Aristocrat concedes that the Australian gaming industry is the most competitive of the markets in which it operates worldwide, forcing it to lift its performance against four rivals.
Shares in the poker machine maker surged as much as 9 per cent on Wednesday after it posted an 11 per cent rise in first-half net profit to almost $53 million and raised its dividend. Revenue fell nearly 8 per cent to $383 million due to a weak performance in Japan, one of its largest markets outside Australia and the US.
Pre-tax earnings from its Japanese business dropped 9 per cent because it released just one game in the half, compared with two before.
Profits in Australia and New Zealand - its second-biggest market - fell almost 7 per cent to $40 million due to the impact of regulatory changes in Victoria. But Aristocrat's operations in North America posted a 13 per cent profit rise to $US69 million.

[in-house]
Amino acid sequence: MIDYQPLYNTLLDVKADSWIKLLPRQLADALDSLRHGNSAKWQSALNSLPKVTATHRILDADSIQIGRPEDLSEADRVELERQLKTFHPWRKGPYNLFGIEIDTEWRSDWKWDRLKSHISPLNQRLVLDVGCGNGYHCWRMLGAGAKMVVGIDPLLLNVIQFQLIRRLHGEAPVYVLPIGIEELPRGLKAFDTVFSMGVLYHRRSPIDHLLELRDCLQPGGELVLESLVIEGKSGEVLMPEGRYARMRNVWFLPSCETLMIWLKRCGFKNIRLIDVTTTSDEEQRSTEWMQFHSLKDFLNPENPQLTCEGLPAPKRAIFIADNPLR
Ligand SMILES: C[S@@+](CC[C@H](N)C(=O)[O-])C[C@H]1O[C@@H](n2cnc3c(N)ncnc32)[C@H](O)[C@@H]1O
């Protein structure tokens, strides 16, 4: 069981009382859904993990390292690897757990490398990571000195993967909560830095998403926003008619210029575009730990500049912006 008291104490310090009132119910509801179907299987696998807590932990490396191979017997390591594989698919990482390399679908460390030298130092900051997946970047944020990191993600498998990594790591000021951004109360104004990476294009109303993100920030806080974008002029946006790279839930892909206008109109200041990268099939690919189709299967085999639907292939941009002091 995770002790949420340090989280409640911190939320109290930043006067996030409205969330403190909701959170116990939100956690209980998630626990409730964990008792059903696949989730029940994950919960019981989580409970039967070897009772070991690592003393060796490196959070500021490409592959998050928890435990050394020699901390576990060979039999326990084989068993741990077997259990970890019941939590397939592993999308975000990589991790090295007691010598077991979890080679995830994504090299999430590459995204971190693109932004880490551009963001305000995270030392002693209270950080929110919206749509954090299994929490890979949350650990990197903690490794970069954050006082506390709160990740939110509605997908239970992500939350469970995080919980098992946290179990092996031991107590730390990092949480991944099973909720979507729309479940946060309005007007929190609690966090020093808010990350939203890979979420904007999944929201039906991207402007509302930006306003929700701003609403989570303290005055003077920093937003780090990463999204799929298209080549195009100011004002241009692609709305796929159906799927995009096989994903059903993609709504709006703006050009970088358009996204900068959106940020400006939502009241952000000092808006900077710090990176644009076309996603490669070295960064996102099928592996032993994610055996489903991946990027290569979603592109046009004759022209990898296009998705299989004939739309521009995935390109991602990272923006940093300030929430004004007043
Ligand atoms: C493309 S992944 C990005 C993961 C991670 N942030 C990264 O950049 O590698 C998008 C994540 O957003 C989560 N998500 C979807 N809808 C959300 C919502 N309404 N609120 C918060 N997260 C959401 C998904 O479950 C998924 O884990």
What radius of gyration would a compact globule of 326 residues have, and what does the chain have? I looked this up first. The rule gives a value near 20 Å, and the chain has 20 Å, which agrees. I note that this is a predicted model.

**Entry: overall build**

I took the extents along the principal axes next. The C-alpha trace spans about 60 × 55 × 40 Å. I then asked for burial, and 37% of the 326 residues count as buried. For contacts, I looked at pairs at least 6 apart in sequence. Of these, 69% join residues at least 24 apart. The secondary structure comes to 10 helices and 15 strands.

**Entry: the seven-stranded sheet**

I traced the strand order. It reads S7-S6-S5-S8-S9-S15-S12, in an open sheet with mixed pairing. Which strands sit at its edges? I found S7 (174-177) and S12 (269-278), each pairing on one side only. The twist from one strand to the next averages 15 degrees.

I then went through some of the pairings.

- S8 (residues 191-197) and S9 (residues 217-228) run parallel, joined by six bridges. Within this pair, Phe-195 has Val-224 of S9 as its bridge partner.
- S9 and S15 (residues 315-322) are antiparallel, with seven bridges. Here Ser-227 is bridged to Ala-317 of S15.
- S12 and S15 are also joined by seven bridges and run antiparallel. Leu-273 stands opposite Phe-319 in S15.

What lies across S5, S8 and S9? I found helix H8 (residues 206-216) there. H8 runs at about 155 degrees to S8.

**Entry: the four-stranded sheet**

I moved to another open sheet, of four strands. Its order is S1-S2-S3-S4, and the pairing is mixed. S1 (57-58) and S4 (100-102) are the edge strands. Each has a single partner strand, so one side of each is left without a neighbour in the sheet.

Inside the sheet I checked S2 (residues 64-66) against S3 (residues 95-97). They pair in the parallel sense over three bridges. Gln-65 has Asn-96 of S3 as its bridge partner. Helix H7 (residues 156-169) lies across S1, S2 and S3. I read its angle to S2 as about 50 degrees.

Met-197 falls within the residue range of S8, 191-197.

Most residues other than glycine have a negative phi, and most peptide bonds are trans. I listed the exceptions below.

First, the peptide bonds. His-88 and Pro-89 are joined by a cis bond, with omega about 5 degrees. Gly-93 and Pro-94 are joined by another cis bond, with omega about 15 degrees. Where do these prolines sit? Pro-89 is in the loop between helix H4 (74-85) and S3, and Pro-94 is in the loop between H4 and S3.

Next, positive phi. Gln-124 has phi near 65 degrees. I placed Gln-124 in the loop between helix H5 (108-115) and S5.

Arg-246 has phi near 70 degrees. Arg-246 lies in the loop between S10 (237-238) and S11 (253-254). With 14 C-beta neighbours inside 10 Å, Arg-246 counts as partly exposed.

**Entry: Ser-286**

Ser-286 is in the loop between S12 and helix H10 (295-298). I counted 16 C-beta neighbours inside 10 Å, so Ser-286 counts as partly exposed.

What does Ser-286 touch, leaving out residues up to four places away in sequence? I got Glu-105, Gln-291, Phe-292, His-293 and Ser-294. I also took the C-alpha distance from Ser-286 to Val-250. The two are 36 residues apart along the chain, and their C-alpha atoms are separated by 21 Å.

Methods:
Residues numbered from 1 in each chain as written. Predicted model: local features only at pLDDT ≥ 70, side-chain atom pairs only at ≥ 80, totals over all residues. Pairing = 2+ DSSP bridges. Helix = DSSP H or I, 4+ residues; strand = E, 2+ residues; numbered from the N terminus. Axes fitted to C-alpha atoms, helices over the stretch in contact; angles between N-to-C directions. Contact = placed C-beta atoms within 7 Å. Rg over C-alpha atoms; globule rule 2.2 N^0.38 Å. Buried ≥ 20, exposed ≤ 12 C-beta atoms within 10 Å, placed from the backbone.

Chief executive Jamie Odell said Australia was "absolutely the most competitive market at the moment", with the company facing strong competitors.
"We have seen improved performance in our games across New South Wales and Queensland, but I would still describe this as
the most competitive marketplace," he said. "The years of incumbency are now being challenged by good-quality competitors, and that is keeping us on our toes and has driven our strategy to move into further segments."
Mr Odell said the solution in Australia was not just to produce better Aristocrat games, but to introduce content from such game designers as Daniel Marks.
Aristocrat will pay an interim dividend of 7¢ a share on June 28, up from 4¢ previously. The company plans to return more money to shareholders by raising its target payout ratio to 80 per cent of net profit, from 60 per cent previously.
Mr Odell said the board preferred to increase the payout ratio rather than opt for a share buyback.
Aristocrat expects net profit in the second half to be similar to those in the first six months.
Michael Pascoe— Page 30